13th National Indian Nations Conference

12/06/2012 - 8:00am to 12/08/2012 - 5:00pm
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Tribal Law & Policy Institute
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The Office for Victims of Crime (OVC), Office of Justice Programs, within the U.S. Department of Justice is pleased to announce the 13th National Indian Nations Conference: Justice for Victims of Crime. The Conference will be held December 6 — 8, 2012, on the reservation of the Agua Caliente Band of Cahuilla Indians, California, with the theme, “Strength from Within: Rekindling Tribal Traditions to assist Victims of Crime.” This year's conference is coordinated again by the Tribal Law and Policy Institute under a grant from OVC.The purpose of the 13th National Indian Nations Conference — the largest U.S. Department of Justice sponsored Indian Nations conference — is to bring together Native American victims, victim advocates, tribal leaders, victim service providers, community volunteers, prosecutors, judicial and law enforcement personnel, family violence and sexual assault specialists, medical providers, social services and mental health personnel, probation/corrections, criminal justice and juvenile justice personnel, as well as federal and state agency representatives to share their knowledge, experiences and ideas for developing programs that serve the unique needs of crime victims in Indian Country.This year's conference goals are: 

  1. Strength from Within: Rekindling Tribal Traditions to assist Victims/Survivors- Promoting traditional values and incorporating traditional skills in crime victim services; upholding wellness, mentally, physically, spiritually and emotionally; and framing victim services around tribal traditions.
  2. Honoring the Wisdom of the Past - Understanding historical trauma as a way to heal; enlisting tribal elders as keepers of our tribal histories; and embracing traditional teachings.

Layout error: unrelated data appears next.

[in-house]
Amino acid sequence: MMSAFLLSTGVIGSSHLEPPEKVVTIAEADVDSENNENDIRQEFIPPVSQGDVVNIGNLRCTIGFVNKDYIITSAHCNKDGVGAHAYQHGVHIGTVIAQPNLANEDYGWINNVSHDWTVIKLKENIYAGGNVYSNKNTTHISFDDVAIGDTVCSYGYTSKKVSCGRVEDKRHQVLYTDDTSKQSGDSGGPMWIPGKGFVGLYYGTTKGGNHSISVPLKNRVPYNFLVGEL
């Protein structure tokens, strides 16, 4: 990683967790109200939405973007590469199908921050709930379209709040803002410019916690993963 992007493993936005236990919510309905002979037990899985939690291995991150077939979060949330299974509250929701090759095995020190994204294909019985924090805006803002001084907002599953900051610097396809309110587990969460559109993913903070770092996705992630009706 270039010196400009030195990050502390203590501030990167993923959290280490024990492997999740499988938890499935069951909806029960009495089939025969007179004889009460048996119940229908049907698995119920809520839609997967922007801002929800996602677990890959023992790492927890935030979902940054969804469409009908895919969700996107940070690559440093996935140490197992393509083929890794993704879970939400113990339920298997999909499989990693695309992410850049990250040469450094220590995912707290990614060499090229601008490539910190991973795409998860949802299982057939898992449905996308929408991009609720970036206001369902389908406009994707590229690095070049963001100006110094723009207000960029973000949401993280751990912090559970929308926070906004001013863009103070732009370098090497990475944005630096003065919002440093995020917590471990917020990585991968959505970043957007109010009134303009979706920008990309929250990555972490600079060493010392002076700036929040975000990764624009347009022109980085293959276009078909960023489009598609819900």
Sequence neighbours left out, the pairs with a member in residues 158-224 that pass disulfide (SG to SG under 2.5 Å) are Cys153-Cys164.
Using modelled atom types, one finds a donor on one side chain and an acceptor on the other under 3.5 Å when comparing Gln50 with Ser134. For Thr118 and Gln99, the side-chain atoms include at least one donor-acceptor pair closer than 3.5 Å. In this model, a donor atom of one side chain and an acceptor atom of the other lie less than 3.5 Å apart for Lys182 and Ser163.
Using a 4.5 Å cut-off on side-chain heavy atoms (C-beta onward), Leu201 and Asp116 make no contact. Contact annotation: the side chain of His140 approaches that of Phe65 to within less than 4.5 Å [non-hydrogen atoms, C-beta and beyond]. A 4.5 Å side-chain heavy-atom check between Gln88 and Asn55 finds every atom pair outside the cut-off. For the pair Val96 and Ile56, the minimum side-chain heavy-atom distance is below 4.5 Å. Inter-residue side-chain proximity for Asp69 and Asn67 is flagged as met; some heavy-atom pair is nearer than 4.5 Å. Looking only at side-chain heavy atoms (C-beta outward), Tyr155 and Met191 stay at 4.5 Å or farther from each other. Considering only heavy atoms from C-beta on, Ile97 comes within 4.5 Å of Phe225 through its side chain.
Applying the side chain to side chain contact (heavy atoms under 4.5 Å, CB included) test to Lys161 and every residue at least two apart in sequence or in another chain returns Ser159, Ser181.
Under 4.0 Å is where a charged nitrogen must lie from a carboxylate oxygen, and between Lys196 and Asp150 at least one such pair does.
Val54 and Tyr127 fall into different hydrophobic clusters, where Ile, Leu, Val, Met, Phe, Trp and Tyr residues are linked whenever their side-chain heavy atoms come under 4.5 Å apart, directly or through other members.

3. Honoring and Listening to Victim/Survivor Voices - Creating victim-centered/sensitive responses; being inclusive of victim/survivors - particularly those from un-served, underserved, and other populations - to achieve safety, justice and healing; and promoting peer to peer learning opportunities.
  4. Promoting Safety, Justice and Healing - Justice for victims; justice for all; understanding the various jurisdictional issues particularly those in Public Law 280 states; exercising tribal sovereignty to promote safety and justice for victims; highlighting the resiliency of spirituality and healing in tribal communities; addressing child sexual abuse and education on developing sexual assault programs for victims of child sexual abuse in tribal communities; and including a special emphasis on crime victims within the juvenile justice system and strong support for keeping youth within the community.
  5. Supporting and Educating Tribal Leaders - Educating and supporting efforts of tribal leaders to achieve accountability and responsibility to victims of crime.
  6. Working in Harmony - Building the partnerships with federal agencies; Education on the importance of networking and working together in collaboration to strengthen services such as partnering with technology experts; and networking with Native men to address domestic violence and sexual assault.
  7. Sustaining our Legacy - Developing skills and incorporating cultural approaches to enhance sustainability and measurability; and increasing the accuracy of victimization research.
  8. Healing the Healers - Ensuring safety and support for service providers.
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